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THE

YOUTH AND MANHOOD

OF

CYRIL THORNTON.

CHAPTER I.

The hopes
That were but in conception, now have birth,
And what was but idea till this day,
Hath put on essence,

Challenge for Beauty.

The stock of which I have the honour to be a scion, is one of ancient descent and spotless blazon. Though untitled, its dignity had always been baronial; and the frequency with which the names of my ancestors occur in the county records, as filling offices of provincial trust and dignity, shows their influence to have been considerable. While it is due to truth and my progenitors to state thus much, I am quite ready to confess that our family tree has produced no very distinguished fruit. Its branches have never been pendent with the weight of poets, heroes, statesmen, or philosophers. "If they have

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writ our annals right,” births, marriages, and deaths, the sale or purchase of land, the building of a house, or a donation to the parish church or county hospital, were generally the only events sufficiently salient, to afford footing even for the partial eloquence of a family historian. But if I have little reason to boast, I have certainly none to blush, for my ancestors. They were English gentlemen, fulfilling with propriety the duties of their situation, generally respectable in their relations to society, and leaving, when dead, nothing either " to point a moral, or adorn a tale."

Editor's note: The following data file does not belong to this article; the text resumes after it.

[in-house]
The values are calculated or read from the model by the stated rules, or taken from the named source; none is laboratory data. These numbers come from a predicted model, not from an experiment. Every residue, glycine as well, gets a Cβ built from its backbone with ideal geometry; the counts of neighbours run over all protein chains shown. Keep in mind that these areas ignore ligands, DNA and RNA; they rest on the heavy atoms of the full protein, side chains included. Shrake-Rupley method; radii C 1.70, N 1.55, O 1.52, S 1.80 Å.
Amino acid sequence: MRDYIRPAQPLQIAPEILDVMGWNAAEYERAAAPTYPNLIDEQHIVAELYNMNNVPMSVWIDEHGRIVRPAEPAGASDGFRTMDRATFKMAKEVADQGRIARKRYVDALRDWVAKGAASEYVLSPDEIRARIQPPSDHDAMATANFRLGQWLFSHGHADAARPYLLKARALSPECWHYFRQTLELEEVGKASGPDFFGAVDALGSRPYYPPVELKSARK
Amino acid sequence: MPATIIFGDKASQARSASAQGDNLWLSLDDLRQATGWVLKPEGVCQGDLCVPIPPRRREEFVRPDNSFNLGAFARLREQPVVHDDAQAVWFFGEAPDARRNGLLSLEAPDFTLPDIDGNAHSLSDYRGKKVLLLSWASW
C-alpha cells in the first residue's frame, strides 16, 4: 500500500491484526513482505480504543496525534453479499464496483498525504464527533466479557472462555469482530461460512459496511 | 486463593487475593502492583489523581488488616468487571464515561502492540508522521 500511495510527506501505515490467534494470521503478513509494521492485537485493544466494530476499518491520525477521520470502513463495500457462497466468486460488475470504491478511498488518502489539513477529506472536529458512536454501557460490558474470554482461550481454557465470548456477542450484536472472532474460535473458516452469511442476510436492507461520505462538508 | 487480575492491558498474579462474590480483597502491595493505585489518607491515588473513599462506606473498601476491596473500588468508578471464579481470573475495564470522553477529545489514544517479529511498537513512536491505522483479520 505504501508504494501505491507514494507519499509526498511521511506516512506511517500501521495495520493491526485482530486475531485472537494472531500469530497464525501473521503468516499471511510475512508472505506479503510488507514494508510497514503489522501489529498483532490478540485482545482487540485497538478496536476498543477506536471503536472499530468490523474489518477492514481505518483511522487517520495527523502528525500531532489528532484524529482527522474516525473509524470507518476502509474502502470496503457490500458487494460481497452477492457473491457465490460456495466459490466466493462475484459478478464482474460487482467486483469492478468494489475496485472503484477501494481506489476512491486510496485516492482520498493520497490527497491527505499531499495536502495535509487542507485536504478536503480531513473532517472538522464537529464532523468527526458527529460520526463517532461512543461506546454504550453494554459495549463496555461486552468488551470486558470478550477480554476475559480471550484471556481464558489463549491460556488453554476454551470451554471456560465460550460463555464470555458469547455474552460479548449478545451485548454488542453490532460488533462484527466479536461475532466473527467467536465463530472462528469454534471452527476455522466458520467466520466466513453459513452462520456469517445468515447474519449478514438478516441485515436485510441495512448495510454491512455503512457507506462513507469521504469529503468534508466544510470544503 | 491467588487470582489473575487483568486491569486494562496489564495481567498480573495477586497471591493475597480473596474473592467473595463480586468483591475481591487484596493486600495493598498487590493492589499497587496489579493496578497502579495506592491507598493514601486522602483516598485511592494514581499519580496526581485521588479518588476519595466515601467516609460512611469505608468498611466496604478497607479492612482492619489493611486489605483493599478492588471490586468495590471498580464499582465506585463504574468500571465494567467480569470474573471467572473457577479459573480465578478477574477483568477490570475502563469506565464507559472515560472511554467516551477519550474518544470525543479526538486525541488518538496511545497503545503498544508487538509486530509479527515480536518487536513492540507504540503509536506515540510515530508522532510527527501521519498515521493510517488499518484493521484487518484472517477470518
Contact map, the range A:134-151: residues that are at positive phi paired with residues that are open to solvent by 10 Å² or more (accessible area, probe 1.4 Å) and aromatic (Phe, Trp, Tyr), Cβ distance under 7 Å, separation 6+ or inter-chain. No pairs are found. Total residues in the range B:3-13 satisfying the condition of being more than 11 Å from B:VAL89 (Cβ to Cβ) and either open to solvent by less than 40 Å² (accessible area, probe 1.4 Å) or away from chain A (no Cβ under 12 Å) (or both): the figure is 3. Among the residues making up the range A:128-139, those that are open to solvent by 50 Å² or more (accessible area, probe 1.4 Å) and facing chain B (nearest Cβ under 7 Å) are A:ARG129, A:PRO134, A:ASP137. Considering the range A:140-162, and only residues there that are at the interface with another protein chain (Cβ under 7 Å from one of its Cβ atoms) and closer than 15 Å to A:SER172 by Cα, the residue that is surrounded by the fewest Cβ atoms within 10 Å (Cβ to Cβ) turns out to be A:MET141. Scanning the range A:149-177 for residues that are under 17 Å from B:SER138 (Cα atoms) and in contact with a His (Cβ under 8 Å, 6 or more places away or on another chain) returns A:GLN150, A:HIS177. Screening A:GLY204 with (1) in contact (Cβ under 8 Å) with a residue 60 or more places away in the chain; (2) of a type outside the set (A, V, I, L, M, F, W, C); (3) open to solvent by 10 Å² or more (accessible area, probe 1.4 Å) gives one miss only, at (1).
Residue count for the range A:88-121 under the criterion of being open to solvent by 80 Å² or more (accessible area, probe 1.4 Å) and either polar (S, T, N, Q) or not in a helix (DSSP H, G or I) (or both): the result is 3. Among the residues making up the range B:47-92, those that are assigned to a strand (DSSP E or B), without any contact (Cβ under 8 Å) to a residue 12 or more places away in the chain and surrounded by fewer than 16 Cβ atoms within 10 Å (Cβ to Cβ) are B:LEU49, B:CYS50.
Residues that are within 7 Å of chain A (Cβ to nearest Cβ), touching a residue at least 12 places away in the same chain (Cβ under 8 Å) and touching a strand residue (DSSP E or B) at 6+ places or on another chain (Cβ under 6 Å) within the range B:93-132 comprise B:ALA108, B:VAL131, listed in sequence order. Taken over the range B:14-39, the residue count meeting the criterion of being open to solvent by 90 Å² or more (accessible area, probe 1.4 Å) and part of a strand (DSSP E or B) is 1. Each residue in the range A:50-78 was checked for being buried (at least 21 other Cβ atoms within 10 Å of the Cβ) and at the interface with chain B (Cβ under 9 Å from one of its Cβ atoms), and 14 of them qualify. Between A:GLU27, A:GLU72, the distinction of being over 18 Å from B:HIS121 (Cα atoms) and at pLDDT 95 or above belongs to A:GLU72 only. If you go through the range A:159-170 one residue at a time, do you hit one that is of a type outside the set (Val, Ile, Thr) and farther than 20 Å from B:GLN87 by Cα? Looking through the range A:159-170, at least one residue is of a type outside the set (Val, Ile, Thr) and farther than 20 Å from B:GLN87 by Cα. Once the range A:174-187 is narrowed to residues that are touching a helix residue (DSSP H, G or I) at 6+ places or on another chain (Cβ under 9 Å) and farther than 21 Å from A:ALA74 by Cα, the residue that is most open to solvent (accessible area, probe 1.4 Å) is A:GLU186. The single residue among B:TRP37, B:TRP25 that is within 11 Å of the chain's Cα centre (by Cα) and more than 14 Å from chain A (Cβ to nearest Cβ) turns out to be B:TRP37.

My grandfather was a courtier and a man of expense. He married an earl's daughter, whose babits and tastes were even more expensive than his own, and engaged in several rainous contests for the representation of the county. The natural consequences followed. Part of the family estate was sold, heavy mortgages incurred on the remainder, and when, in the course of nature, the succession devolved on my father, he found himself in possession of little more than the wreck of a magnificent estate. Of my grandmother, who survived her husband many years, I have a distinct and vivid recollection. I remember a stately old lady, in an oreille. d'ours-coloured silk gown, with a pyramidal head dress, an enamelled snuff-box in her hand, and a ponderous gold equipage at her girdle. I remember, too, the insidious delight takep both by my brother and myself in getting behind her chair, and tugging at the lace lappets, which depended from the apex of her coiffure. She died, and I was allowed to join in paying the last daties to her remains. The pomp and splendour with whieb the earthly tabernacle of my grandmother war restored